“JCC has just given away 30 full ride scholarships to kids who are going to the Manufacturing Technology Institute,” Borrello said. “Those are kids that will be able to fill jobs here and stay here. That’s the pathway to keep our people here, to bring more people here.”

The SUNY education system was brought up in regards to this with Borrello saying that “when the business model no longer works, you shift the business model.”

“Right now we’re seeing that at JCC, they’re shifting towards providing the programs that are needed to fill the open jobs that are here in Chautauqua County. I understand it’s a difficult thing for them, they have a higher bar at Fredonia, so we need to free them up to do things that work good for their communities, right now those decisions are made by the Board of Regents and SUNY in Albany and they have no idea what’s going on here locally.”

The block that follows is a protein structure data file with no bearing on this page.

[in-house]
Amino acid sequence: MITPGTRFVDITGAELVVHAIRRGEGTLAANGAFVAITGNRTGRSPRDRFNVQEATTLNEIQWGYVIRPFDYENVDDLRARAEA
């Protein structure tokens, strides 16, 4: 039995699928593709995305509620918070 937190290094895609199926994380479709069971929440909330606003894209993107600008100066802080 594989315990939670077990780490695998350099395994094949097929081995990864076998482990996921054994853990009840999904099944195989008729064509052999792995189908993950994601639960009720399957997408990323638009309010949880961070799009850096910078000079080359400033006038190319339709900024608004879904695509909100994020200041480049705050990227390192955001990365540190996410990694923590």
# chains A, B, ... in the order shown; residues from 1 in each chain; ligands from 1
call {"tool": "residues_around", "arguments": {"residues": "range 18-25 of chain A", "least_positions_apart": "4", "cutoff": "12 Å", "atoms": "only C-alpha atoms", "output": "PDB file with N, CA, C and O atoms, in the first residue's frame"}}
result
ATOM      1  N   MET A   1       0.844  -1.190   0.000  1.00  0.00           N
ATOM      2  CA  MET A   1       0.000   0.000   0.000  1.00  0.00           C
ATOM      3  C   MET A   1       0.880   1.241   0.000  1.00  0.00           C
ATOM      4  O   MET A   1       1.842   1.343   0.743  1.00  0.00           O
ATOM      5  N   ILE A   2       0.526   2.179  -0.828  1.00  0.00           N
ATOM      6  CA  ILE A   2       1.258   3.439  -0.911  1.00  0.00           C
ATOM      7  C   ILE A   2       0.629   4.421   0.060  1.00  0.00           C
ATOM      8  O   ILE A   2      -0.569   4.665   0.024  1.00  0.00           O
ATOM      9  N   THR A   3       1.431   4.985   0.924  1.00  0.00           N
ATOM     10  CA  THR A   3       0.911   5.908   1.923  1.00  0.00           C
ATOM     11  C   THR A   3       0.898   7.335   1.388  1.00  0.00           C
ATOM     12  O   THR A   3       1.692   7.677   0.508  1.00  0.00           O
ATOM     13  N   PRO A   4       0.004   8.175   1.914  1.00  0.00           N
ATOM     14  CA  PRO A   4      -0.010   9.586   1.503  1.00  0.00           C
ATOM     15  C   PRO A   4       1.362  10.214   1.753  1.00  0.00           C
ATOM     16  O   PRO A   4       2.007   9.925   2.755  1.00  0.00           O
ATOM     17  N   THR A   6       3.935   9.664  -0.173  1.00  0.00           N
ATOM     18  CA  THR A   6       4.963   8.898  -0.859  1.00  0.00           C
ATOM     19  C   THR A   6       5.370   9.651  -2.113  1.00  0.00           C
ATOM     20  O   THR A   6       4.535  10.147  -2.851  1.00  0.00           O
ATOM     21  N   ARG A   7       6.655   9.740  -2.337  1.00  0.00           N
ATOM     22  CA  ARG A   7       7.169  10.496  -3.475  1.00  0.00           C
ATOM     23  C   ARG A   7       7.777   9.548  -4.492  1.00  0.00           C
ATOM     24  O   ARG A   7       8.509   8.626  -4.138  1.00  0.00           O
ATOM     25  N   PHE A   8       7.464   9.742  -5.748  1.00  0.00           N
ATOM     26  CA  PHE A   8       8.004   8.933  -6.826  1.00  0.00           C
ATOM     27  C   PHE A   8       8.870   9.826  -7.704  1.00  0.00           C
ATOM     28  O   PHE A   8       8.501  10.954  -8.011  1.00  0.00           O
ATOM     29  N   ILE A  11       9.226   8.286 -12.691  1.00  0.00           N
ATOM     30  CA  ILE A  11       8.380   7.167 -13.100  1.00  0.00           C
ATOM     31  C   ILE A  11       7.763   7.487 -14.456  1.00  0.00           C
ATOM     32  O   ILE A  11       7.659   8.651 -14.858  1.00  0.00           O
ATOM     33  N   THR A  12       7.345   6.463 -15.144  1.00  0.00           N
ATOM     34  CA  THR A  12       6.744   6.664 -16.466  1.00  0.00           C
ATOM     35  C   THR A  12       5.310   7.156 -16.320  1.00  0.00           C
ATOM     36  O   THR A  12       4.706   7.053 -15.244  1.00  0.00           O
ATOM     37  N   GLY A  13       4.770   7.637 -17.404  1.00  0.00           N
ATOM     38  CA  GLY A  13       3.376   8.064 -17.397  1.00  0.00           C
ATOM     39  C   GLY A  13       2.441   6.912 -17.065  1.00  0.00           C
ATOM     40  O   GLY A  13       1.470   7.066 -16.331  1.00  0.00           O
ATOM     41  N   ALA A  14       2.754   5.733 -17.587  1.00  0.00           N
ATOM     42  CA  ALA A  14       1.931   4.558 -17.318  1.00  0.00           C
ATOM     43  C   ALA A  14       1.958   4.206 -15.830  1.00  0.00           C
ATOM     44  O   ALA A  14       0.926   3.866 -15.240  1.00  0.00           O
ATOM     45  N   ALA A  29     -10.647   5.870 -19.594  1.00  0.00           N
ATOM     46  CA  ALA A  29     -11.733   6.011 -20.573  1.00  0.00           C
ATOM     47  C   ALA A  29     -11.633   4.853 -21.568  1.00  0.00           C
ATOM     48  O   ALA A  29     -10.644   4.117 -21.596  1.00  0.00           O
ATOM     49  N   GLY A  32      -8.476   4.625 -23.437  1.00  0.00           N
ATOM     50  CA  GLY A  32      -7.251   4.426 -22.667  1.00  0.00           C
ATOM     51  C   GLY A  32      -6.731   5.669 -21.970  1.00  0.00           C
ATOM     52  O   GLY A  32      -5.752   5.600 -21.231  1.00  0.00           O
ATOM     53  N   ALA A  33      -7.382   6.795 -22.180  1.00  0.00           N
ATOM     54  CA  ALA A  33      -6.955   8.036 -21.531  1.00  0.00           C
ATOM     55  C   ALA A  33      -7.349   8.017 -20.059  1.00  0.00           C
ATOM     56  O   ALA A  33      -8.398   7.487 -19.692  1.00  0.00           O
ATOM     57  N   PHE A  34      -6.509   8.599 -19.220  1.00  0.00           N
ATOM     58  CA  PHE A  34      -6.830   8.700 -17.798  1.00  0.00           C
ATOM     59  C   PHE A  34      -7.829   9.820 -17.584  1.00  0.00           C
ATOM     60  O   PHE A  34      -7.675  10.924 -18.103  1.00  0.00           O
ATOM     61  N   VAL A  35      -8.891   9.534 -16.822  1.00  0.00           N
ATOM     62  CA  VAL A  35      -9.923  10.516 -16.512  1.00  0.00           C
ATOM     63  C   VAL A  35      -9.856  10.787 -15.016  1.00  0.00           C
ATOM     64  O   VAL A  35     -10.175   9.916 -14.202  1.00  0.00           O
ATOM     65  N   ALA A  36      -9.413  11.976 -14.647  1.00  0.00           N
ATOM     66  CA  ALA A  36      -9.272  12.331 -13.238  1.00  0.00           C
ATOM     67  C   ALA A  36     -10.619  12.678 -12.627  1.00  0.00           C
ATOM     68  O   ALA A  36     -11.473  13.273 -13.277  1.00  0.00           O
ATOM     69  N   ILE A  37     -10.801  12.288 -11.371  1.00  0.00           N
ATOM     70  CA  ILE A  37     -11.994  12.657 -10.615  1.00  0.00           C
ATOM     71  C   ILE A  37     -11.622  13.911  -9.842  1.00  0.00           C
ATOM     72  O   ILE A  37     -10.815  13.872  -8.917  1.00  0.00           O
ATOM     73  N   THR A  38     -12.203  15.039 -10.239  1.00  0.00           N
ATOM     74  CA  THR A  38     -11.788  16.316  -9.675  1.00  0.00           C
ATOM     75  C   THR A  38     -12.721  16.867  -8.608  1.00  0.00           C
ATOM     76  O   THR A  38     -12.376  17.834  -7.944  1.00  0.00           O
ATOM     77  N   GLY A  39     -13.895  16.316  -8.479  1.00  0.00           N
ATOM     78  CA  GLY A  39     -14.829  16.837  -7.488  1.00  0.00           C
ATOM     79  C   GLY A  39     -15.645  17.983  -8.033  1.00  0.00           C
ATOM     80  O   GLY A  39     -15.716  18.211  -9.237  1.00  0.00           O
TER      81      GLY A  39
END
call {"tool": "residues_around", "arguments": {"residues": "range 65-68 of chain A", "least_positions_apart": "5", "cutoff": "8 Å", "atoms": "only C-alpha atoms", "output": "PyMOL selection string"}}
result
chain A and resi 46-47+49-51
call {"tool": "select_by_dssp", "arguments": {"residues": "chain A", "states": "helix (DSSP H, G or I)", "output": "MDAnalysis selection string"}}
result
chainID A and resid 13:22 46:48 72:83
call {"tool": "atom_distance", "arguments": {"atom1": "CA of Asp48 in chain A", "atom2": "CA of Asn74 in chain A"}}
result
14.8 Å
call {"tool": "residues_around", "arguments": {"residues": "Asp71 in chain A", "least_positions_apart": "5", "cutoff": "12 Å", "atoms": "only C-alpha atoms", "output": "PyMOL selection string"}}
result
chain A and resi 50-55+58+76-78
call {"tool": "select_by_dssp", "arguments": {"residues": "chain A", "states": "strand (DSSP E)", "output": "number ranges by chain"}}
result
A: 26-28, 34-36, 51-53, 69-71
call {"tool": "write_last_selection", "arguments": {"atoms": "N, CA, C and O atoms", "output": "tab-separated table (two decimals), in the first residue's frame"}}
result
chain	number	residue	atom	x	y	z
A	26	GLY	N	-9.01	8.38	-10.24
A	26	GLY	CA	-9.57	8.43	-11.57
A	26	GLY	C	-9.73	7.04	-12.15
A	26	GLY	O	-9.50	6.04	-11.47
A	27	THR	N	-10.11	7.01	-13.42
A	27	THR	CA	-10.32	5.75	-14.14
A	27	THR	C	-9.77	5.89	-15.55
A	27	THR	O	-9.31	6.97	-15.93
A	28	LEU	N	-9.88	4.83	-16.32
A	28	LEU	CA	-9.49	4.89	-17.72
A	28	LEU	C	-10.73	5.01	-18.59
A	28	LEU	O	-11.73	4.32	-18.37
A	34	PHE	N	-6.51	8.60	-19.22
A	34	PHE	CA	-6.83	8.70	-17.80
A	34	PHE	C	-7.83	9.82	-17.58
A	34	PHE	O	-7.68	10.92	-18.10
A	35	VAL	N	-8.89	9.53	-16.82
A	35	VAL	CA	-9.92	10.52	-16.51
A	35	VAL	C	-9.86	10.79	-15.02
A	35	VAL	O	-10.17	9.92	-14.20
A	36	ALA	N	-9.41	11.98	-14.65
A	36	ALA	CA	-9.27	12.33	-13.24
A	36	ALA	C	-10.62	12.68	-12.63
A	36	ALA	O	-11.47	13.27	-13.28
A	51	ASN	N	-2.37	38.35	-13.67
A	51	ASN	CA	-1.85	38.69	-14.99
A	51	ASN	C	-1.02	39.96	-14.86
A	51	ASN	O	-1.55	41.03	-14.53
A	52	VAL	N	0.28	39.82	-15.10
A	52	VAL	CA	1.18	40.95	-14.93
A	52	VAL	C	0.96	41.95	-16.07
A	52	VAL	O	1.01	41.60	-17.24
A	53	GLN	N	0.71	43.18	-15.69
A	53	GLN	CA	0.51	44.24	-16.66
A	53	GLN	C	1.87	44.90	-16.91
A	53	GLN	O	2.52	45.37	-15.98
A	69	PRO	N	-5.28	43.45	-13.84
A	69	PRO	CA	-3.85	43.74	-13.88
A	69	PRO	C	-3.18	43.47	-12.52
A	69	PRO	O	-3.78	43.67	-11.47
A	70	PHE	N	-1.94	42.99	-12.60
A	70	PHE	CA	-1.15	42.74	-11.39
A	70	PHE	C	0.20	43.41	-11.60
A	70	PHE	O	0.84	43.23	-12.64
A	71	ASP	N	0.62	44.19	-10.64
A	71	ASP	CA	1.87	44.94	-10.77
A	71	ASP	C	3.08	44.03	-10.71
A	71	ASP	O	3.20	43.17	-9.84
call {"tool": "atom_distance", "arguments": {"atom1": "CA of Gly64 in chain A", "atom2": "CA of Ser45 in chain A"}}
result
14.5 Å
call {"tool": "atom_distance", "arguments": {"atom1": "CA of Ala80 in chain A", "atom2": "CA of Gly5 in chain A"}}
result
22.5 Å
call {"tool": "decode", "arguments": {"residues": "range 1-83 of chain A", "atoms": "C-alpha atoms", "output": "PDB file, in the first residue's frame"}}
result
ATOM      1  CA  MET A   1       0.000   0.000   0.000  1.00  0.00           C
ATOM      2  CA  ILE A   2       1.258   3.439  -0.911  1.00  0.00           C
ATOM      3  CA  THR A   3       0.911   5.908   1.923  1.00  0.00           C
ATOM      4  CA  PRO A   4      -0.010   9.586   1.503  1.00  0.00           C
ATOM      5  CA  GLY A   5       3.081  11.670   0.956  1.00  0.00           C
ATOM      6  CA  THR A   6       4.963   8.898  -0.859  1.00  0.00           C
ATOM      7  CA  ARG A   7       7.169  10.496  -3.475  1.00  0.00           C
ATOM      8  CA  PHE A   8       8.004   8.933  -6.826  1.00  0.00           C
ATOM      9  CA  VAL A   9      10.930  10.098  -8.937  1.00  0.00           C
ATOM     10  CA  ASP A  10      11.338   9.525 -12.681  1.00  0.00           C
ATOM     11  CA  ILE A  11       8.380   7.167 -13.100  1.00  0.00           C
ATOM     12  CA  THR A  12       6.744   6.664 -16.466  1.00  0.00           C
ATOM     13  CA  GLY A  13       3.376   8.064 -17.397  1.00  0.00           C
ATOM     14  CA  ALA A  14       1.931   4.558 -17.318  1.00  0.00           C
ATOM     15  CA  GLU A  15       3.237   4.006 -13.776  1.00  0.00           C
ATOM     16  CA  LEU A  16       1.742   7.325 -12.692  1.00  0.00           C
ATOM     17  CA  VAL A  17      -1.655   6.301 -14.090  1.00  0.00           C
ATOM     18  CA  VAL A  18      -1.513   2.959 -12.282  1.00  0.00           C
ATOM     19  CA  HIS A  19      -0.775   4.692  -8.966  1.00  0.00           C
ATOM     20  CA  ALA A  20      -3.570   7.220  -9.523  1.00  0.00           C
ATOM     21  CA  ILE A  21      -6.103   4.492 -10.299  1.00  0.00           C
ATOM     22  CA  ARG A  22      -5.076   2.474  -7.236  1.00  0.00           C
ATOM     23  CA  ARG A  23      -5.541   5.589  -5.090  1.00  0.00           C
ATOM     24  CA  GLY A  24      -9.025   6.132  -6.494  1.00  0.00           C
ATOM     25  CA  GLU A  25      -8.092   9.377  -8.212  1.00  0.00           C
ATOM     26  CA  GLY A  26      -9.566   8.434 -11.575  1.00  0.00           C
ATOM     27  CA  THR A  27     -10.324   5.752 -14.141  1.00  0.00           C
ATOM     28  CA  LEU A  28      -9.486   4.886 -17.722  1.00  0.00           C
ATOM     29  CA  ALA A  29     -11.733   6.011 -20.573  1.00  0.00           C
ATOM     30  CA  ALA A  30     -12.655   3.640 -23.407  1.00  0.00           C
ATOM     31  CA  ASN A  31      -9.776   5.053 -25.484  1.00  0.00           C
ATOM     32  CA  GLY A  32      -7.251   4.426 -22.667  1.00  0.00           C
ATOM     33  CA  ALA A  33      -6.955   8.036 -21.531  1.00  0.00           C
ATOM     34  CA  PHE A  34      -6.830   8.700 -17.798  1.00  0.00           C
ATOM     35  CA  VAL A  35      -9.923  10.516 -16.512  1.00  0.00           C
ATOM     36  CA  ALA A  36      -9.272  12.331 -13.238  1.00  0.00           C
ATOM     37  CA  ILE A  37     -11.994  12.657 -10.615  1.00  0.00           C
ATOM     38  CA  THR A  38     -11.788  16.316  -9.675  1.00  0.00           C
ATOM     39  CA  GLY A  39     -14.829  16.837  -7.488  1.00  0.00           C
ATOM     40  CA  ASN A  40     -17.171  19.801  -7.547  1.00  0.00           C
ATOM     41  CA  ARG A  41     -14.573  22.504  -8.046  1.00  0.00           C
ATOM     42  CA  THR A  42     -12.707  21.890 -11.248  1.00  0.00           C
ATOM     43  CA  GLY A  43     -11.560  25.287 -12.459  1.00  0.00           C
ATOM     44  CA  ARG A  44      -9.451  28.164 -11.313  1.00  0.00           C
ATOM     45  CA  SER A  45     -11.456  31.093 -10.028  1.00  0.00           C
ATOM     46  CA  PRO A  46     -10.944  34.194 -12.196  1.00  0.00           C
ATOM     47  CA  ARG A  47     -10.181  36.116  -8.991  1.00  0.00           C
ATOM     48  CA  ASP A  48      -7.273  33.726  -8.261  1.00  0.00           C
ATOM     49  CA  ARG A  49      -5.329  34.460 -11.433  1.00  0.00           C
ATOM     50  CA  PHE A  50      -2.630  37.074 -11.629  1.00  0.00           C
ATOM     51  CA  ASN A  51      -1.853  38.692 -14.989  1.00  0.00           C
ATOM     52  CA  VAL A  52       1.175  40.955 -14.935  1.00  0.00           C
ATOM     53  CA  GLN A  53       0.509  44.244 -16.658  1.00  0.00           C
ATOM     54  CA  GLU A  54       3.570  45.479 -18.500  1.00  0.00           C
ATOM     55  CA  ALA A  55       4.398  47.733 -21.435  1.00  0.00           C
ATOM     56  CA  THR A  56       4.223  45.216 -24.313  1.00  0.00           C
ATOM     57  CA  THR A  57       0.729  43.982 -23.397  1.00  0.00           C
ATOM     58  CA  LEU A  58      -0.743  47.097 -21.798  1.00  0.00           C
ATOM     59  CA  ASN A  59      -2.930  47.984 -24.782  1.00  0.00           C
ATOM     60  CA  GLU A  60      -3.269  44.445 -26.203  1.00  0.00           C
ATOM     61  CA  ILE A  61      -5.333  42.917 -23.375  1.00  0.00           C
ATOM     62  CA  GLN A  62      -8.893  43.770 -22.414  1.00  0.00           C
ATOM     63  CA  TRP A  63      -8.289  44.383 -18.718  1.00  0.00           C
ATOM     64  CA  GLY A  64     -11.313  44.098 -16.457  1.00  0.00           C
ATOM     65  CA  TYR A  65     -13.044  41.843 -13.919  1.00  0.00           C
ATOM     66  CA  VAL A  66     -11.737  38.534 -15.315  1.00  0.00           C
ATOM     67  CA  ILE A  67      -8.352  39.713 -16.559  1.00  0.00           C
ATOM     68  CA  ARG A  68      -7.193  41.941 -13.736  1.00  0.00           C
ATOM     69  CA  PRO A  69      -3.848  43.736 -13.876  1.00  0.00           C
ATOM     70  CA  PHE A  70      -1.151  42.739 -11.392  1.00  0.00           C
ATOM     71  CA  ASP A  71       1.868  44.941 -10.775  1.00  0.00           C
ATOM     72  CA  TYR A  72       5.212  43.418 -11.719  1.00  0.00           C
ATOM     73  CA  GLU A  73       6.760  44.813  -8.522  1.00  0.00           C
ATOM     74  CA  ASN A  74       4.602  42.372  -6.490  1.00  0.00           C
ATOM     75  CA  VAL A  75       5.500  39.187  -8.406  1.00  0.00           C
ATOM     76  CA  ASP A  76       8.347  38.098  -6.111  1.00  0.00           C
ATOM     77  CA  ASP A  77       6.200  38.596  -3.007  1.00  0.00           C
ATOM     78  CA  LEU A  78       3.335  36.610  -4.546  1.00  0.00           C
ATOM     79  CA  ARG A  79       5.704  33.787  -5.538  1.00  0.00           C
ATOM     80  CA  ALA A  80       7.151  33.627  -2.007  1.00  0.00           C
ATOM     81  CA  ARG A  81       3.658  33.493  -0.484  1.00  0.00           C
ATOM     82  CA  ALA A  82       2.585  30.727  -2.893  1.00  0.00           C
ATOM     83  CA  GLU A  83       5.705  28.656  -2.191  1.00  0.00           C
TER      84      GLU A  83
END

The topics soon turned to the ‘three-men-in-a-room’ scenario; especially in regards to the state budget process.

“Transparency in government is always a good thing,” Borrello began. “Albany is always like the ‘three-men-in-a-room’ scenario. For the longest time we’ve had decisions shoved down our throat because people haven’t been paying attention.”

“The budget process in Allegany County changed a number of years ago, that’s one reason we’ve been able to reduce the property taxes nine years in a row,” Crandall offered in his response. “I think that’s what has to happen on the state level.”

On Second Amendment issues Borrello reminded the room that “we don’t lose out freedoms in a big wave, it’s a little trickle.”

“I love the argument that ‘you don’t need that kind of gun (auto and semi automatic weapons) to shoot a deer.’ Our Second Amendment isn’t about shooting deer. It’s about two basic things, the right of the people to keep and bear arms and also to rise up against a tyrannical, suppressive government,” Borrello stated. “It’s about holding people accountable for their personal actions.”

Primary voting will be held Tuesday, June 25.